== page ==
Two components of marijuana have different effects on symptoms of psychosis. Delta-9 tetrahydocannabinol (THC) causes hallucinations and, in high enough doses, can cause temporary psychotic experiences, even in healthy people. Another chemical, cannabidiol (CBD), has anti-psychotic effects. Scientists hope to replicate the antipsychotic effects of CBD without triggering the risks of THC. – Ilene
Since the days of Reefer Madness, scientists have sought to understand the complex connection between marijuana and psychosis. Cannabis can cause short-term psychotic experiences, such as hallucinations and paranoia, even in healthy people, but researchers have also long noted a link between marijuana use and the chronic psychotic disorder, schizophrenia.
Repeatedly, studies have found that people with schizophrenia are about twice as likely to smoke pot as those who are unaffected. Conversely, data suggest that those who smoke cannabis are twice as likely to develop schizophrenia as nonsmokers. One widely publicized 2007 review of the research even concluded that trying marijuana just once was associated with a 40% increase in risk of schizophrenia and other psychotic disorders.
But here’s the conundrum: while marijuana went from being a secret shared by a small community of hepcats and beatniks in the 1940s and ’50s to a rite of passage for some 70% of youth by the turn of the century, rates of schizophrenia in the U.S. have remained flat, or possibly declined. For as long as it has been tracked, schizophrenia has been found to affect about 1% of the population.
One explanation may be that the two factors are coincidental, not causal: perhaps people who have a genetic susceptibility to schizophrenia also happen to especially enjoy marijuana. Still, some studies suggest that smoking pot can actually trigger the disease earlier in individuals who are predisposed, and yet researchers still aren’t seeing increases in the overall schizophrenia rate or decreases in the average age of onset.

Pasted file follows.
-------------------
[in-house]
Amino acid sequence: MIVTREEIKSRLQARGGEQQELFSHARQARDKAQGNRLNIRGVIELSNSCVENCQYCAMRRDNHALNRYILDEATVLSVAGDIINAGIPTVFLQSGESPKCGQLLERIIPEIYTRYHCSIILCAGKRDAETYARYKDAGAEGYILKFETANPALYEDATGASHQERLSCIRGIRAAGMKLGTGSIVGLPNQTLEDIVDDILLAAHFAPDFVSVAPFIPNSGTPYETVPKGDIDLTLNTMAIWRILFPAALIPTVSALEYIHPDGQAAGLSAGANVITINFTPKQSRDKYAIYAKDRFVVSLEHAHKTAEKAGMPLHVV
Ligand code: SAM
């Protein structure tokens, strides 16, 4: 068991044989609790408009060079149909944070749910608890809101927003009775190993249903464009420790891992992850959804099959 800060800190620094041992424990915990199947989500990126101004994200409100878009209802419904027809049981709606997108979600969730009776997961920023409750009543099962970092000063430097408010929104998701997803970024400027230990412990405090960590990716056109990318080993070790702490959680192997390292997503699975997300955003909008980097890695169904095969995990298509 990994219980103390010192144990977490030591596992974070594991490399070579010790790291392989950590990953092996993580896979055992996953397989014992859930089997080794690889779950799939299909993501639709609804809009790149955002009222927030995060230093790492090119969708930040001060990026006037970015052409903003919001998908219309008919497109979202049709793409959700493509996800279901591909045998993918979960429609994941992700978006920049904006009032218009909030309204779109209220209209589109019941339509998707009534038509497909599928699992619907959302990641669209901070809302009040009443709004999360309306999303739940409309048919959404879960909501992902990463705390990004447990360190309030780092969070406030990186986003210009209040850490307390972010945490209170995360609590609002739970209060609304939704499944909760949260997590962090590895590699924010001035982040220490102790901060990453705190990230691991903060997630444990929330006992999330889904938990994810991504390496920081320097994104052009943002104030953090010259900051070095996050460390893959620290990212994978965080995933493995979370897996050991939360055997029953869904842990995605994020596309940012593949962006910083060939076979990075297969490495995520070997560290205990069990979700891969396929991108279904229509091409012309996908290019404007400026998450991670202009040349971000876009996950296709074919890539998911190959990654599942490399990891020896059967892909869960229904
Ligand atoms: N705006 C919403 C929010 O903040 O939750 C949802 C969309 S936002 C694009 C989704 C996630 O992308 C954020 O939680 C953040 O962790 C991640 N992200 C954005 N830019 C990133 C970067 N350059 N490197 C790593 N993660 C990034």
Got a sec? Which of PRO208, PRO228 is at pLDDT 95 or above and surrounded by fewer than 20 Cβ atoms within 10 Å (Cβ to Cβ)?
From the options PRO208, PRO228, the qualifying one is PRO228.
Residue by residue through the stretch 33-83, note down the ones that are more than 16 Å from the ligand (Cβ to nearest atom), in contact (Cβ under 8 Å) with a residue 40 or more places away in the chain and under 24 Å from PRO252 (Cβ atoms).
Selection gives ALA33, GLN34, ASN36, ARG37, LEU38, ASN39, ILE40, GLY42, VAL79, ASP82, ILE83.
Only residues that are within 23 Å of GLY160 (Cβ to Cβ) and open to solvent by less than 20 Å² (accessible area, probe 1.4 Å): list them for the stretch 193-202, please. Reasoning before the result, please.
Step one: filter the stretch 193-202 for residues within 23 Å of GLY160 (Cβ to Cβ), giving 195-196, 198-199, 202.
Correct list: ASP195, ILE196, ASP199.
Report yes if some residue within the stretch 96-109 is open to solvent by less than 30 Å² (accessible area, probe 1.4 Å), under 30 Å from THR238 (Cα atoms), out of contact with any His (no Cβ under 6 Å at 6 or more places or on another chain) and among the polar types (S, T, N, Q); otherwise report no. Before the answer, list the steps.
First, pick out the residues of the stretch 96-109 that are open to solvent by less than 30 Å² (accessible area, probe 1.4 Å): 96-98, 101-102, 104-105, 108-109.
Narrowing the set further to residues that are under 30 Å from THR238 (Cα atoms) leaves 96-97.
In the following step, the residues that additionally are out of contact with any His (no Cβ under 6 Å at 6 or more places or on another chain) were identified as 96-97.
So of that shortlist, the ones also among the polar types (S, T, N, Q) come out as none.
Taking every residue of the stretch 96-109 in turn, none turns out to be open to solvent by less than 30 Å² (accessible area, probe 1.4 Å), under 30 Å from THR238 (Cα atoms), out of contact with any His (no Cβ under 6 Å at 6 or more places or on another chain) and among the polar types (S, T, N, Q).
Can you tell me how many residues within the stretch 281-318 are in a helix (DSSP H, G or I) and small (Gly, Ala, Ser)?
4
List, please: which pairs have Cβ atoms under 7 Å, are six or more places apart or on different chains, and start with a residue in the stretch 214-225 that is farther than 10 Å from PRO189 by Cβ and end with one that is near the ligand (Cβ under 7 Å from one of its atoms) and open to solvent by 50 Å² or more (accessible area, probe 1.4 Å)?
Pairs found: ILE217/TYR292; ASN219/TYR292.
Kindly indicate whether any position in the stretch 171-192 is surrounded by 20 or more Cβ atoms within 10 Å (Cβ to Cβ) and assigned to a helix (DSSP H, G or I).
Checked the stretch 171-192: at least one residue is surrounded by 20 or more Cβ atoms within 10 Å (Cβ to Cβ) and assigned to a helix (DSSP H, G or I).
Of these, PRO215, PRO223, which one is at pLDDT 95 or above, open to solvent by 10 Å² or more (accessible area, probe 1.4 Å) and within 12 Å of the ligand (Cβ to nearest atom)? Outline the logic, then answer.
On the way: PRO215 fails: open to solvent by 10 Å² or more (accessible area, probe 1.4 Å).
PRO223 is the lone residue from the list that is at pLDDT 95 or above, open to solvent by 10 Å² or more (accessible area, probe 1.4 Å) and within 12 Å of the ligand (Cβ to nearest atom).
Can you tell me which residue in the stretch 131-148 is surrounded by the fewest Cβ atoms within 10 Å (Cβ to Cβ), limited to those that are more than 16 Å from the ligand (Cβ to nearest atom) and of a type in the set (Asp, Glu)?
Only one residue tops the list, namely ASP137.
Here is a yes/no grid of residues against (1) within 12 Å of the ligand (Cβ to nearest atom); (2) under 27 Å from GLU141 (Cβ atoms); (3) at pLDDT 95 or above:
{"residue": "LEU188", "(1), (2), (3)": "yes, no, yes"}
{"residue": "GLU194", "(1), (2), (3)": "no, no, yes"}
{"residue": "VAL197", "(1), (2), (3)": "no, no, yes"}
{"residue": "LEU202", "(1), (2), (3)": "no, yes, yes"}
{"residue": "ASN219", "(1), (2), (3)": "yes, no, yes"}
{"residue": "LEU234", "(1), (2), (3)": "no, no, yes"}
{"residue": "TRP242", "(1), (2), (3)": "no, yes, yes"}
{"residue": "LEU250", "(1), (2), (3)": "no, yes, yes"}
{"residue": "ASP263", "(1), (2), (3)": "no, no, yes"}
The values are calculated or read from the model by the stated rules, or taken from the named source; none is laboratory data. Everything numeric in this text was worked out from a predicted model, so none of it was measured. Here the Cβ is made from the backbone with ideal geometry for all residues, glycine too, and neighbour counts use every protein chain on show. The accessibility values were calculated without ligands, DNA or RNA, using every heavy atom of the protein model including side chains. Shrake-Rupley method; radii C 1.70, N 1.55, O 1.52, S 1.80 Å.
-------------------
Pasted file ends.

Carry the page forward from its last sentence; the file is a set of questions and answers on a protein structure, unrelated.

In recent months, new research has explored some of these issues. One study led by Dr. Serge Sevy, an associate professor of psychiatry at the Albert Einstein College of Medicine in New York City, looked at 100 patients between the ages of 16 and 40 with schizophrenia, half of whom smoked marijuana. Sevy and colleagues found that among the marijuana users, 75% had…
Will the Bear Market End the "War on Drugs"?
Marijuana legalization has come a long way (in a short time), baby
By Robert Folsom, courtesy of Elliott Wave International
In 1996 California voters approved Proposition 215, which extended legal protection to doctors who recommend and patients who use marijuana for medical reasons. This inspired the "medical marijuana" movement, though it made only sporadic progress in the decade that followed. Beyond a few mostly Western states, the movement found meager legislative support.
Until around 2007, that is.
In 2007 and 2008, legislatures in 27 states considered bills related to marijuana — each one sought to relax or eliminate the current penalties for use and/or possession in those states. The trend continued into 2009 and 2010. This past March saw the most far-reaching legislative proposal yet, again in California: the state legislature will vote on a bill to allow adults over 21 to personally possess and cultivate marijuana. It would also implement a regulatory regime that taxes pot sales by licensed vendors.
The trend itself may not be news to you, even if you don’t know all the particulars. This past January, an ABC News/Washington Post survey found that 81% of Americans support the legalization of medical marijuana (up from 69% in 1997). The same survey found 46% support "legalizing small amounts of marijuana for personal use" (up from 22% in 1997).
Still, you may not have gotten the memo about this past Tuesday (April 20) and the event known as 4/20, aka "Pot Day." Participants made a public show indeed of how much this day means to them: behold the crowd gathered for the occasion on the campus of the University of Colorado.
Yes, that cloud is exactly what you think it is.
This apparent willingness toward tolerance and use also extends to controlled substances which create clouds only a user might see. Earlier this month The New York Times reported the experience of a retired clinical psychologist who was deeply depressed while going through treatments for kidney cancer:
"Nothing had any lasting effect until, at the age of 65, he had his first psychedelic experience. He left his home in Vancouver, Wash., to take part in an experiment at Johns Hopkins medical school
…Yet even politicians inclined to support a treatment-oriented approach to diminishing the American appetite for illegal drugs have opted to emphasize enforcement in order to position themselves as "tough" on crime.